@Eurologist: what's the difference between drinking raw milk or eating cheese, something that all lactose intolerant people can do very well? Basque have been making and eating cheese since immemorial times but for that they needed not to be lactose tolerant.

You may be right about proteins and other nutrients but why would milk be more easily available or less in this or that area? Didn't Greek farmers have goats and sheep and got milk from them? Indeed. Whether they consumed the milk as feta cheese or raw (a rare practice anywhere) does not make much of a difference. Similarly butter can be eaten regardless of lactose tolerance status, only basic milk but not other dairies is what is partly unaccessible to lactose intolerant peoples.

I really don't know of any culture in which drinking so much raw milk was important, except among peoples who are in fact largely lactose intolerant like Mongols or Maasai, nomadic pastoralists who must "trick" the milk in order to be able to digest it (and they do, demonstrating once again that culture is at least as efficient if not more than genes)."

This whole post is you rattling off your head something you don't obviously never took the time to learn about.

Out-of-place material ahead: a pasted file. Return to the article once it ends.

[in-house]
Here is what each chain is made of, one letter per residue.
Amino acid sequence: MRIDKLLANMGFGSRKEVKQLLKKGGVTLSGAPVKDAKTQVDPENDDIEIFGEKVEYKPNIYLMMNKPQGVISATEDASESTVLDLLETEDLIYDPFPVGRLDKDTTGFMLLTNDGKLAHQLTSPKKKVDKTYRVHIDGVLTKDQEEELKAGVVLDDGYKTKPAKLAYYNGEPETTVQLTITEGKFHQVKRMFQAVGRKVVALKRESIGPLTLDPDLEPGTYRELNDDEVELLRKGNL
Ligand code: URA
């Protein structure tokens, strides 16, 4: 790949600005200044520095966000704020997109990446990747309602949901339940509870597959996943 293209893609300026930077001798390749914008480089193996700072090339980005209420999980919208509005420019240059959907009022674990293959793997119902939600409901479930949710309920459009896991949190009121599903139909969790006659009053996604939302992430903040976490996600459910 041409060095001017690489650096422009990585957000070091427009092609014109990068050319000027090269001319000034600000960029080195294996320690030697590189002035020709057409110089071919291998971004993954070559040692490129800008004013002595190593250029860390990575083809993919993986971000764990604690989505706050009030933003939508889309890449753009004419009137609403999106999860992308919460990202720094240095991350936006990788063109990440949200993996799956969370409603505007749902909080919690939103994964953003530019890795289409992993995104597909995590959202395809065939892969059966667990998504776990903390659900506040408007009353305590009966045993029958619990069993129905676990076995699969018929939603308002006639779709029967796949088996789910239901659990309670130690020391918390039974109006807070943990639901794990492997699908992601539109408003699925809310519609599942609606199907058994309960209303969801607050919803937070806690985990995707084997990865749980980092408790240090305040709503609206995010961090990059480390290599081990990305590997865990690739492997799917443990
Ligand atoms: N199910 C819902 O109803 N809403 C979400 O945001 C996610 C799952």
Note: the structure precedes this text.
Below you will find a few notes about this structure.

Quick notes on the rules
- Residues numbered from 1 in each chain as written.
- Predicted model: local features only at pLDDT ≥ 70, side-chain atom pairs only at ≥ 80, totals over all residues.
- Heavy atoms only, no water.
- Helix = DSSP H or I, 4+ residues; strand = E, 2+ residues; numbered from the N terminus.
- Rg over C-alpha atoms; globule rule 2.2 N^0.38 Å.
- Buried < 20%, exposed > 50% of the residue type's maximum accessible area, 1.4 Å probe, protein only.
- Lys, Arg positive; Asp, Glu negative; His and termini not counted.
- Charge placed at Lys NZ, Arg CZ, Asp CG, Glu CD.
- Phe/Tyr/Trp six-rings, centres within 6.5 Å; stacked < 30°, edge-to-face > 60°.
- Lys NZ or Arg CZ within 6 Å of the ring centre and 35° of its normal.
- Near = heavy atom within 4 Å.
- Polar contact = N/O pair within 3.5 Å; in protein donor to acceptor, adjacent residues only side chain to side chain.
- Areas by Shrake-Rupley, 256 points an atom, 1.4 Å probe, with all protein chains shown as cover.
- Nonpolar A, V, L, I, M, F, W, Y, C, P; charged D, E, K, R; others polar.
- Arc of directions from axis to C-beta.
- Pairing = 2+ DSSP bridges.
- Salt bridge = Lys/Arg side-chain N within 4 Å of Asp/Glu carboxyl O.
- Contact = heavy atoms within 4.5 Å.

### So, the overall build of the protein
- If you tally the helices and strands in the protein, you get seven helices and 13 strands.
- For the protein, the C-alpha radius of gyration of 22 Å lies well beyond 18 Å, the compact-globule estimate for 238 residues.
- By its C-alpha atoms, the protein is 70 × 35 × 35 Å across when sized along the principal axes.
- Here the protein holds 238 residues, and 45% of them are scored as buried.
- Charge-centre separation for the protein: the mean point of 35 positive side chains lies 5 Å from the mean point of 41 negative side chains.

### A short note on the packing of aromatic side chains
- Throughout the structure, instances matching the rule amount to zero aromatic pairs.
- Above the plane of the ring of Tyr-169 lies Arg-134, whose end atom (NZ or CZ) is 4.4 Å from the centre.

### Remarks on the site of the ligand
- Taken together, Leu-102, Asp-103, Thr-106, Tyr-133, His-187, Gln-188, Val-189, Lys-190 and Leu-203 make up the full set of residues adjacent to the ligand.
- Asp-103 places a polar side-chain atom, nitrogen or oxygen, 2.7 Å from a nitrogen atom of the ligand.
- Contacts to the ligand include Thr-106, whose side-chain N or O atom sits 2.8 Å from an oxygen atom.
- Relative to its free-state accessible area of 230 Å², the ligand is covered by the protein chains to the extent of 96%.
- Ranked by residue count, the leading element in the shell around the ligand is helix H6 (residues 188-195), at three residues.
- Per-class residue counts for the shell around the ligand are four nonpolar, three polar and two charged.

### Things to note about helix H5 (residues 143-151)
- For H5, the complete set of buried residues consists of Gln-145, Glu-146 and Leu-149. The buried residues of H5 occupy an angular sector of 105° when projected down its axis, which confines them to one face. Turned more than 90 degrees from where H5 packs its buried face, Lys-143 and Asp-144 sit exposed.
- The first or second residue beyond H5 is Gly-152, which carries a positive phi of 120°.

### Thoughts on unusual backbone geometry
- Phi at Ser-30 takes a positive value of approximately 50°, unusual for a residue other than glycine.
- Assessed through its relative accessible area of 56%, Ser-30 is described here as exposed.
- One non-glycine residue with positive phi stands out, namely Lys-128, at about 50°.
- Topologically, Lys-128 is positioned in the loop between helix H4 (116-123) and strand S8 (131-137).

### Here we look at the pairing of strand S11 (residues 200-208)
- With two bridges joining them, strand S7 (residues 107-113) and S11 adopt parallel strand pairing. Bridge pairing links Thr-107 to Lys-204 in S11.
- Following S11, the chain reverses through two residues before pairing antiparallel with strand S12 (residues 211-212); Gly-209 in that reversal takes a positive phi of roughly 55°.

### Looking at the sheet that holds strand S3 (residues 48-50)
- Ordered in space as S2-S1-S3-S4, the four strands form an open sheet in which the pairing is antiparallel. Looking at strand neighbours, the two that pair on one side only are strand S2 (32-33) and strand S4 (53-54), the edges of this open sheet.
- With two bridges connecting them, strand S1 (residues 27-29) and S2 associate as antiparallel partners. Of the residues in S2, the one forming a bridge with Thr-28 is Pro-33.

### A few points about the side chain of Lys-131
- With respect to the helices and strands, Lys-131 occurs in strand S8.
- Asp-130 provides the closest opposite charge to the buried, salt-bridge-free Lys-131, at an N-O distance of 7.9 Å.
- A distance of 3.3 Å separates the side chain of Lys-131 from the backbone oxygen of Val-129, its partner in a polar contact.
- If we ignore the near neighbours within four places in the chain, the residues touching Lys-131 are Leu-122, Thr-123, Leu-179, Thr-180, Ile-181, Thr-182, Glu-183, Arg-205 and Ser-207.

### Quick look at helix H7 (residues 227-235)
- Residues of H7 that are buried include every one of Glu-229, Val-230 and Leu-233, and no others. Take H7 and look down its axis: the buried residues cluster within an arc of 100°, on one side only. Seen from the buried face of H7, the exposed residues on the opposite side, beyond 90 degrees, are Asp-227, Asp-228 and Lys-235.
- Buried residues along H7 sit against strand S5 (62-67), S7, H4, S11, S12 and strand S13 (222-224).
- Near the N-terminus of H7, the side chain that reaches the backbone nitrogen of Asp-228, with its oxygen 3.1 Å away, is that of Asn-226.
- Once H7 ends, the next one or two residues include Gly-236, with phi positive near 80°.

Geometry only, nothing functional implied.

Mongols only drink fermented milk which removes the lactose and the less lactase you produce the more the cheese needs to drier/harder (less liquid component) and be aged, which also removes lactose. But if you've reached the point were you produce no more lactase, like myself, even aged cheese or butter, in large amounts will give you problems as they are not lactose free. And the experience is not a benign one that you'd be temped to gamble with over and over.

http://en.wikipedia.org/wiki/Kumis

During fermentation, the lactose in mare's milk is converted into lactic acid, ethanol and carbon dioxide, and the milk becomes an accessible source of nutrition for people who are lactose intolerant.[10]
Before fermentation, mare's milk has almost 40% more lactose than cow's milk.[11] According to one modern source, "unfermented mare's milk is generally not drunk", because it is a strong laxative.[1] Varro's On Agriculture, from the 1st century BC, also mentions this: "as a laxative the best is mare's milk, then donkey's milk, cow's milk, and finally goat's milk...";[12] drinking six ounces (190 ml) a day would be enough to give a lactose-intolerant person severe intestinal symptoms.